This article is part of my blog series inspired by Jesus the Forgiving Victim: Listening for the Unheard Voice by James Alison.*
Do you remember this scene from the movie City Slickers? Unhappy city slicker, Mitch, has gone in search of what’s missing in his life. Problem is, he knows he’s unhappy but he has no idea why. On a real life cattle drive he encounters Curly, a real life cowboy who knows just what he wants and how to get it. Here’s the advice he gives to Mitch:
Curly: Do you know what the secret of life is? [holds up one finger] This.
Mitch: Your finger?
Curly: One thing. Just one thing. You stick to that and the rest don’t mean shit.
Mitch: But, what is the “one thing?”
Curly: [smiles] That’s what you have to find out.
Curly believes that the “one thing” is different for all of us, but why is finding it such a struggle? Mitch appears to have it all, a good job, loving wife, happy family, loyal friends. And yet he’s unhappy. What could possibly be missing from his life? The movie is a hilarious journey in which Mitch discovers that he’s more brave and daring then he knew, and his self-esteem soars.
Weirdly, the vehicle for his renewed happiness is the love of a calf. Mitch bonds with the calf when he overcomes his fear and disgust to help birth the calf on the cattle drive. He cares for the calf as if it is his own child. Soon it is licking Mitch’s face as if Mitch is his mother. The miracle of new life and the love of this baby calf breaks Mitch’s heart wide open and when he returns home to his old life it’s with an exuberance he hasn’t felt in a long time.
Is the love of a calf Mitch’s one thing? If so, why would that be the key to happiness for Mitch? I think it’s because the only access we have to loving ourselves is receiving the love of others. It’s an odd truth about human beings that all our desires are learned from others. Which includes our desire for ourselves.
Yes, it’s true! We cannot love ourselves until we are held in the loving regard of someone else. Poor Mitch had become unable to receive that loving gaze from his wife, friends and family. Perhaps he had started to take them all for granted. If so, and his faith in their love for him had begun to falter, his love for himself would not be far behind. Everything in his life had begun to feel drained of meaning. Life had become boring.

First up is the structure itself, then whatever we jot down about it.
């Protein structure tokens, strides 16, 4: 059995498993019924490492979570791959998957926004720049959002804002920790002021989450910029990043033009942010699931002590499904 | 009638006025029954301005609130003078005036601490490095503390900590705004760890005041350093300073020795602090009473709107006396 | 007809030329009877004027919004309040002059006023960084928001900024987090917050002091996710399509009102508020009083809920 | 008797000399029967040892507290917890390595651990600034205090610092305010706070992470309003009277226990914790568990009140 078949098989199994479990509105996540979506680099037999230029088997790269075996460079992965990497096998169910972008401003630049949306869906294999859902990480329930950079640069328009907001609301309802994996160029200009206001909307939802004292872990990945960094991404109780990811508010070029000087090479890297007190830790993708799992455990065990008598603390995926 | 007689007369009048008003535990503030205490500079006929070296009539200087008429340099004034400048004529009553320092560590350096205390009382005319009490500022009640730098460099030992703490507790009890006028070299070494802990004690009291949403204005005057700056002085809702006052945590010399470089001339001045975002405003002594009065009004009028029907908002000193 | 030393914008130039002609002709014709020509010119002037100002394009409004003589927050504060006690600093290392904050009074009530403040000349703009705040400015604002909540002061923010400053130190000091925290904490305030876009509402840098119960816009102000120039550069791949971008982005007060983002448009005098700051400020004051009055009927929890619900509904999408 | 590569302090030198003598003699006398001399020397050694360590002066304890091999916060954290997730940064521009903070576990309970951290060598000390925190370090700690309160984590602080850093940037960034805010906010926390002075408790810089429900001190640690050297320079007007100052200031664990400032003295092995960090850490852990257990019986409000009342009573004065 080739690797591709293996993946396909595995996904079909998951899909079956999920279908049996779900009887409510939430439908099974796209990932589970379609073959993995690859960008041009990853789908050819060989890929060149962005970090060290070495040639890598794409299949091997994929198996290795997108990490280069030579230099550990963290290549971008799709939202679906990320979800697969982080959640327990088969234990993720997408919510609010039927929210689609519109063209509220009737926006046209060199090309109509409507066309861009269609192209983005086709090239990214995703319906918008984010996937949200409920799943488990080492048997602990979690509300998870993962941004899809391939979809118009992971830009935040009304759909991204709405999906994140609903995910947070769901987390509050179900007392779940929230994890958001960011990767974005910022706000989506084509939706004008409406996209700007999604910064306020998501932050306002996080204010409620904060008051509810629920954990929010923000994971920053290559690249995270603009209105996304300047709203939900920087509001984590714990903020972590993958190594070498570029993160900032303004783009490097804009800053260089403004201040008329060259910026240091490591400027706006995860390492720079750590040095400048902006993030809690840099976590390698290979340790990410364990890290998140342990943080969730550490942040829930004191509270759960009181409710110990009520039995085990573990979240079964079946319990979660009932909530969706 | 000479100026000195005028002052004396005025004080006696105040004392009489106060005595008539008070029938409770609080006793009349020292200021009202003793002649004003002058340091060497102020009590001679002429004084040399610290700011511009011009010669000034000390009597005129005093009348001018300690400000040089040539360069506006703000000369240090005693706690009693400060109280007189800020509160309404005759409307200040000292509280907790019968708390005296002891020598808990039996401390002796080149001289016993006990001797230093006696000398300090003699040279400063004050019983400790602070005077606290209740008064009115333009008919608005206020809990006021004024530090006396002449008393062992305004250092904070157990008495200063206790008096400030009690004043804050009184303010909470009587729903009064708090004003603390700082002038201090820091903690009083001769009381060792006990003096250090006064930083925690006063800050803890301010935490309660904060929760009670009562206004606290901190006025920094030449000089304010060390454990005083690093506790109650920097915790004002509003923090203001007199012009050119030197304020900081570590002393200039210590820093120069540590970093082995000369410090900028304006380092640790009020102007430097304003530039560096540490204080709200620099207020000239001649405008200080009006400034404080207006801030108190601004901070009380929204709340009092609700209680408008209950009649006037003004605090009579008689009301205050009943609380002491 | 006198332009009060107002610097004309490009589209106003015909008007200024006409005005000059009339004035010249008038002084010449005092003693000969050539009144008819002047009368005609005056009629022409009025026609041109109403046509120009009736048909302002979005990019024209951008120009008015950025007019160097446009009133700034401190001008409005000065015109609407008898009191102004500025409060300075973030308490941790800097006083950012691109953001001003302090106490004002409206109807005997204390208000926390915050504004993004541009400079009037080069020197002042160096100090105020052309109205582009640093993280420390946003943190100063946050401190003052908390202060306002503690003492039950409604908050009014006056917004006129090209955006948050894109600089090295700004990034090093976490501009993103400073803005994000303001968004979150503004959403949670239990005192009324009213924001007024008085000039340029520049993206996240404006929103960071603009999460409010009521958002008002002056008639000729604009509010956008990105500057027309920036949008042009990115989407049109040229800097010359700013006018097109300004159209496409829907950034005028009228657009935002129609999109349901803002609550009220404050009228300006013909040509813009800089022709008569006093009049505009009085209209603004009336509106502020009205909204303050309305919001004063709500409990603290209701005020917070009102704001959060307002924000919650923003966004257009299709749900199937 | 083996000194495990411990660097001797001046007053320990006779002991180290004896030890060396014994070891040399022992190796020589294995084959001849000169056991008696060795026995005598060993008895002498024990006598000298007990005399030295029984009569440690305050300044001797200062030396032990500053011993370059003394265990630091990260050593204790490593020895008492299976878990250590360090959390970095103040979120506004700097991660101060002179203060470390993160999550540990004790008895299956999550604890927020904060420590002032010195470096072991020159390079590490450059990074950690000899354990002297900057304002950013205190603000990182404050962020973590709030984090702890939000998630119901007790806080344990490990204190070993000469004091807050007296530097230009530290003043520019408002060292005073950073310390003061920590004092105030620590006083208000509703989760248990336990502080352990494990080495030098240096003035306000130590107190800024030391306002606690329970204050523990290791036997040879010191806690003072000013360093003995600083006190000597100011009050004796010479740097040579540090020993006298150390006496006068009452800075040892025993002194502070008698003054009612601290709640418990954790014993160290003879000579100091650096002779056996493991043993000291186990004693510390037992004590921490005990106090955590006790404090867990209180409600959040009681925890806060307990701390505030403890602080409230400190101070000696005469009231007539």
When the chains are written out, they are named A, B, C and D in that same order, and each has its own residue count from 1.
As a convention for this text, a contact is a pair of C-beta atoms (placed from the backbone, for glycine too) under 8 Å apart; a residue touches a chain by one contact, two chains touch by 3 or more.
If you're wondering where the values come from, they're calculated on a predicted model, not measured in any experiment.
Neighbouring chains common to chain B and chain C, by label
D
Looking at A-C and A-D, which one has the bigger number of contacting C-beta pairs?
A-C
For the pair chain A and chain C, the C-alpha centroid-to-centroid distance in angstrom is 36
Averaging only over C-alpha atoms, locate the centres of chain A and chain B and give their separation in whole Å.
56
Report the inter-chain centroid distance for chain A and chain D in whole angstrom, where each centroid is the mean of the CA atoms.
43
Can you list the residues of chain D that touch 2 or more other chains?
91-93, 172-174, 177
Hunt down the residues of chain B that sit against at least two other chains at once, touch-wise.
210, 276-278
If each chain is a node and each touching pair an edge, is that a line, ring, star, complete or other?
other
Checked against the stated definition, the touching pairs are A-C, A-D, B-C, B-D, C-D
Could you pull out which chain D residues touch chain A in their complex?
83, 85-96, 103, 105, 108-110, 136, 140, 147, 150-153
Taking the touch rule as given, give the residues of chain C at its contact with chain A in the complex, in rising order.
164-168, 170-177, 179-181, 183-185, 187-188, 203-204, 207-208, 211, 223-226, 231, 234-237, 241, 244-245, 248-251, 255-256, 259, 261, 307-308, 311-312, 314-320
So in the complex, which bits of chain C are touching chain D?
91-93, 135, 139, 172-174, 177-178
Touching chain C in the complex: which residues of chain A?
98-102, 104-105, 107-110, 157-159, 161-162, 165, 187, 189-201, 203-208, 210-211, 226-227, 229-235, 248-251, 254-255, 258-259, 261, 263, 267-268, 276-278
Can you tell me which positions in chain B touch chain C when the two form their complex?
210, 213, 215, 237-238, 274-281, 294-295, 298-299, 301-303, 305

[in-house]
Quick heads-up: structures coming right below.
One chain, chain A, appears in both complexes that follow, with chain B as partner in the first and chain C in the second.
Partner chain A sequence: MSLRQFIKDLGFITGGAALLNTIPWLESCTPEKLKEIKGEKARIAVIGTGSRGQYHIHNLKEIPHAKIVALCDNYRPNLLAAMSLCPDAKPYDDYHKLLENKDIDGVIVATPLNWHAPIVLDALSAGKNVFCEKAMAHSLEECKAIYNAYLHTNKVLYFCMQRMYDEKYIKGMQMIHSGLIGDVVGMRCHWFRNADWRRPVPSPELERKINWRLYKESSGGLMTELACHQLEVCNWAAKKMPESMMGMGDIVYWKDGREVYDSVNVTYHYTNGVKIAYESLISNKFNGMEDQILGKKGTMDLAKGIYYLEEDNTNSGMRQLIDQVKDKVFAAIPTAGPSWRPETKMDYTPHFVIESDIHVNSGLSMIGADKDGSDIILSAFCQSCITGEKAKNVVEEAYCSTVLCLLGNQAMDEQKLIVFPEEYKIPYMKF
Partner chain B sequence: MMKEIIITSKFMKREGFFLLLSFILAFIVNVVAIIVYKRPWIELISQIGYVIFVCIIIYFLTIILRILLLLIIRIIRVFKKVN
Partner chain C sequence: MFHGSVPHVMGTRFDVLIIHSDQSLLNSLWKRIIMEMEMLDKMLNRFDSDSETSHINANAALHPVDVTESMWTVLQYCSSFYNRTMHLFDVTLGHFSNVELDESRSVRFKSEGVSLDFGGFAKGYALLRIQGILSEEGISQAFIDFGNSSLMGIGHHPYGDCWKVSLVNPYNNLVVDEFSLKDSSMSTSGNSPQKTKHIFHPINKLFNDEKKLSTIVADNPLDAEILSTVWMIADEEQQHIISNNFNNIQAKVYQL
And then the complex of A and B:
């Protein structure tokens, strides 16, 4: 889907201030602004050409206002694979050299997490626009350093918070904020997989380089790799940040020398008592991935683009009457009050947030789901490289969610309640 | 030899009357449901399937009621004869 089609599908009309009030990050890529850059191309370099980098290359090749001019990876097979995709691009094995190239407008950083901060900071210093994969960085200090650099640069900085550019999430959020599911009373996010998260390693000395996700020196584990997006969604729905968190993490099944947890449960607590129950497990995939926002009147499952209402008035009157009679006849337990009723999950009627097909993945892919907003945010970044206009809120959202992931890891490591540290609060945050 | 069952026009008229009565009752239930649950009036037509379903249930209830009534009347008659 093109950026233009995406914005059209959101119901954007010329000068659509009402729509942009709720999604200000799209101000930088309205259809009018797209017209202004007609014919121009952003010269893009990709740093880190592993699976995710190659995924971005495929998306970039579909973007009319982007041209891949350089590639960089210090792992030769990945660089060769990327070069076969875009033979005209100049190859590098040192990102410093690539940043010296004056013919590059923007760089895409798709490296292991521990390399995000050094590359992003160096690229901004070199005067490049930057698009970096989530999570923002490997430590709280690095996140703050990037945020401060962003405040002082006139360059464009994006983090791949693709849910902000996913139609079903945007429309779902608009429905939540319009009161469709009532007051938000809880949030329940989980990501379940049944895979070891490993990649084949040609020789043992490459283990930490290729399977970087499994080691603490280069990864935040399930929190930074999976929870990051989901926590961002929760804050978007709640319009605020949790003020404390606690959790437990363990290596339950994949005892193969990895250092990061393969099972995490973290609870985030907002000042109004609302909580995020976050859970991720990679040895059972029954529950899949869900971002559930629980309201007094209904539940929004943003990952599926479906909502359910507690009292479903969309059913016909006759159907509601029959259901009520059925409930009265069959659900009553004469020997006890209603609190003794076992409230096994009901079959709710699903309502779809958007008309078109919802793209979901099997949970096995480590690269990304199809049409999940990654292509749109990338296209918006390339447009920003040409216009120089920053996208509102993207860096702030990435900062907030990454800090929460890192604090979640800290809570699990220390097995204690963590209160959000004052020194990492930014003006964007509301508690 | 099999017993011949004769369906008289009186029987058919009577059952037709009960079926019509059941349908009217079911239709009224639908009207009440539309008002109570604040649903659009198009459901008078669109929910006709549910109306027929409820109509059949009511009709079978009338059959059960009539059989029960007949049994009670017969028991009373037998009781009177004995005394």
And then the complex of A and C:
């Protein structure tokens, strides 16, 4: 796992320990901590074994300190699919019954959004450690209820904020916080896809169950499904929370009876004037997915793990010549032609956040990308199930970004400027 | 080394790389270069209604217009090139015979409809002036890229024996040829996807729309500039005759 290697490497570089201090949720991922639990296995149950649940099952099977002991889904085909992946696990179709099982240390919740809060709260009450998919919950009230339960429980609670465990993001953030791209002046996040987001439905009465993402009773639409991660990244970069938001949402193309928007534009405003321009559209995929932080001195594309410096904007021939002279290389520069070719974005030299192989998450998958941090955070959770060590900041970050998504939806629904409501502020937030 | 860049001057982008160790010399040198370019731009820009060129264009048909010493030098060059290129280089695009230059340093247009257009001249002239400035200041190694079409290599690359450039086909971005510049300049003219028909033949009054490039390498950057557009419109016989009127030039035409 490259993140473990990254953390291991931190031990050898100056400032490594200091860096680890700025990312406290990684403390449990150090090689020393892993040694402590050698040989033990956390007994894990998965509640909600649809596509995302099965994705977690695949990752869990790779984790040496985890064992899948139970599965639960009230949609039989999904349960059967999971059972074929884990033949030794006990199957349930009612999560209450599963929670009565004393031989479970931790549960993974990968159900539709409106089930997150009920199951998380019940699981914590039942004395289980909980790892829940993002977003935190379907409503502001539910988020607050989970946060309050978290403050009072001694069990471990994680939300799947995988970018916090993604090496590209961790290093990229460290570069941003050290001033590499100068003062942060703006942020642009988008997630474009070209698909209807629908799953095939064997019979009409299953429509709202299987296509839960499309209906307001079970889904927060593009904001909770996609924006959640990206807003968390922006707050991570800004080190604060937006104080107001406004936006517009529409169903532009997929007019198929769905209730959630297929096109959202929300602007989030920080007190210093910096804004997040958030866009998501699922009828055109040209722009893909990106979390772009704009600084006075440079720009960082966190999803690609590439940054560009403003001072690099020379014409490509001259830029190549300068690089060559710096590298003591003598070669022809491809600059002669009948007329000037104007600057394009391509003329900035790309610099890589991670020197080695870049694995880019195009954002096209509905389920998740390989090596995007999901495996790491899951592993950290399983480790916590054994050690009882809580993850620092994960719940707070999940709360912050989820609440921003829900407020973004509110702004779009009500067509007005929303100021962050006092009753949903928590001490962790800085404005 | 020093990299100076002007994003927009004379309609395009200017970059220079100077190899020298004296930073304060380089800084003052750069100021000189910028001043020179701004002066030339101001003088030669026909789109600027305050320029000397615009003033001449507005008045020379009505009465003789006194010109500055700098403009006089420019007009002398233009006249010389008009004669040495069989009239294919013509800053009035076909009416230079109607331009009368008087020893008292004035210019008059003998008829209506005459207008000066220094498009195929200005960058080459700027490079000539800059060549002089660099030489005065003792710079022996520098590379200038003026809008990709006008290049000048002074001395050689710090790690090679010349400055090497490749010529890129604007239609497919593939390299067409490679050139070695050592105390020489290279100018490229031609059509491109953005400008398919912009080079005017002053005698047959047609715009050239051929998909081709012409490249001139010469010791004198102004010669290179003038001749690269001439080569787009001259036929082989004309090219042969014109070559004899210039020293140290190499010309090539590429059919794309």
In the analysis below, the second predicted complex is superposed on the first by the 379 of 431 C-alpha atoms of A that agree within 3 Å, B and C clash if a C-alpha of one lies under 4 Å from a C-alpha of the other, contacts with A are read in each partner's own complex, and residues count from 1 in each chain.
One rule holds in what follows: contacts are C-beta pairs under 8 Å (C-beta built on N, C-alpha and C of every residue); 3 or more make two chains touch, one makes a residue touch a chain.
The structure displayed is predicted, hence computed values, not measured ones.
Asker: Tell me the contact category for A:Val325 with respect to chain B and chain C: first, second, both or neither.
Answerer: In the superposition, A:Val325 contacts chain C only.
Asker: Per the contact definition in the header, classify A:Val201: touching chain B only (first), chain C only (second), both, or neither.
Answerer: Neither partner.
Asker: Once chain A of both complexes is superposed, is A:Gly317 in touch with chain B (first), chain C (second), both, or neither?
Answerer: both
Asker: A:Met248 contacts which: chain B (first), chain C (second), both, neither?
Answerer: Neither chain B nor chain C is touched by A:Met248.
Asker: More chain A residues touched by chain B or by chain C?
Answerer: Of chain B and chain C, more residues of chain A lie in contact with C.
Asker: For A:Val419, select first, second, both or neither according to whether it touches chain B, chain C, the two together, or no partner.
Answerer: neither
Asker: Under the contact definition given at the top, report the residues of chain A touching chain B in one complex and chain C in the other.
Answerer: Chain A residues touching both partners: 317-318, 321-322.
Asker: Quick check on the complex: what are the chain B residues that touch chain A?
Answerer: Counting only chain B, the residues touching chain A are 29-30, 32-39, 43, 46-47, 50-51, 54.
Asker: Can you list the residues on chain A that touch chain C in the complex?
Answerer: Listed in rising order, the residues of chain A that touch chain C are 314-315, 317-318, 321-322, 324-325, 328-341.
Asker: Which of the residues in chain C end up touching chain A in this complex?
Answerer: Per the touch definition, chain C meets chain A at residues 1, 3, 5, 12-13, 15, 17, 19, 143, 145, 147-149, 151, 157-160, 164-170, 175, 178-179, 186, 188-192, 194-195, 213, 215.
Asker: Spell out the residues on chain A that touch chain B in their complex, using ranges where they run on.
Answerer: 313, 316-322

Birthing that calf was anything but boring! And not even Mitch could take the love of a newborn calf for granted! The calf’s love came as a radical, unexpected, surprisingly uplifting gift! This may sound strange, but put God in the place of the calf in this story and you’ve got the whole thrust of James Alison’s course! Really! James’ hope for those who take the course is that we re-discover the radical, unexpected, surprisingly uplifting gift of being loved by God. For it can happen that we start to take God’s love for granted, and when that happens our faith becomes routine and uninspiring. I mean, how many times have we heard that God loves us? So many times that it may have lost its power to enliven and renew our lives. In fact, James suggests that we begin to think about God’s regard for us as “like” instead of “love” in order to bring some of the wonder back into our faith.Since I already told you the end of the movie, I might as well commit a double no-no, and give you a quote from the end of the course. James concludes by saying that by coming into our midst the way he did, Jesus’ purpose “was to try to prove to us that most difficult of truths: that in the midst of all the mess, the fear, the violence and hatred which abound in our world, we are liked irrepressibly, lyrically, chucklingly, light-heartedly, wastefully, as we are.”
Believing that we are liked by God just as we are is the one thing often missing in our lives. When we feel unhappy and don’t know why, when our faith begins to feel stale and our relationships disappoint us, maybe that’s just the time to imagine receiving a big, wet, sloppy kiss on the face from God! It may be just what we need to begin to like ourselves again, just as we are. Because, like Mitch, the one thing that’s missing from our lives may be the ability to see that nothing is missing at all.
*Years ago, just when I was about to give up on Christianity as irrelevant to my life, I stumbled across the work of James Alison. He helped me encounter a God of mercy who loved me more than I could imagine – what a gift! So when he asked for help to produce his course of introduction to Christianity, Jesus the Forgiving Victim: Listening for the Unheard Voice, I jumped at the chance. All proceeds from sales of the course go to support the website, translations, promotion, and James’ living and travel expenses. James is an independent scholar and itinerant preacher and is very grateful for your support. James and I both pray that this blog series and the course itself will be a meaningful part of your journey toward a deeper faith and fuller life in Christ. You can learn more about the course and purchase it at our store.
For other parts of this series see:
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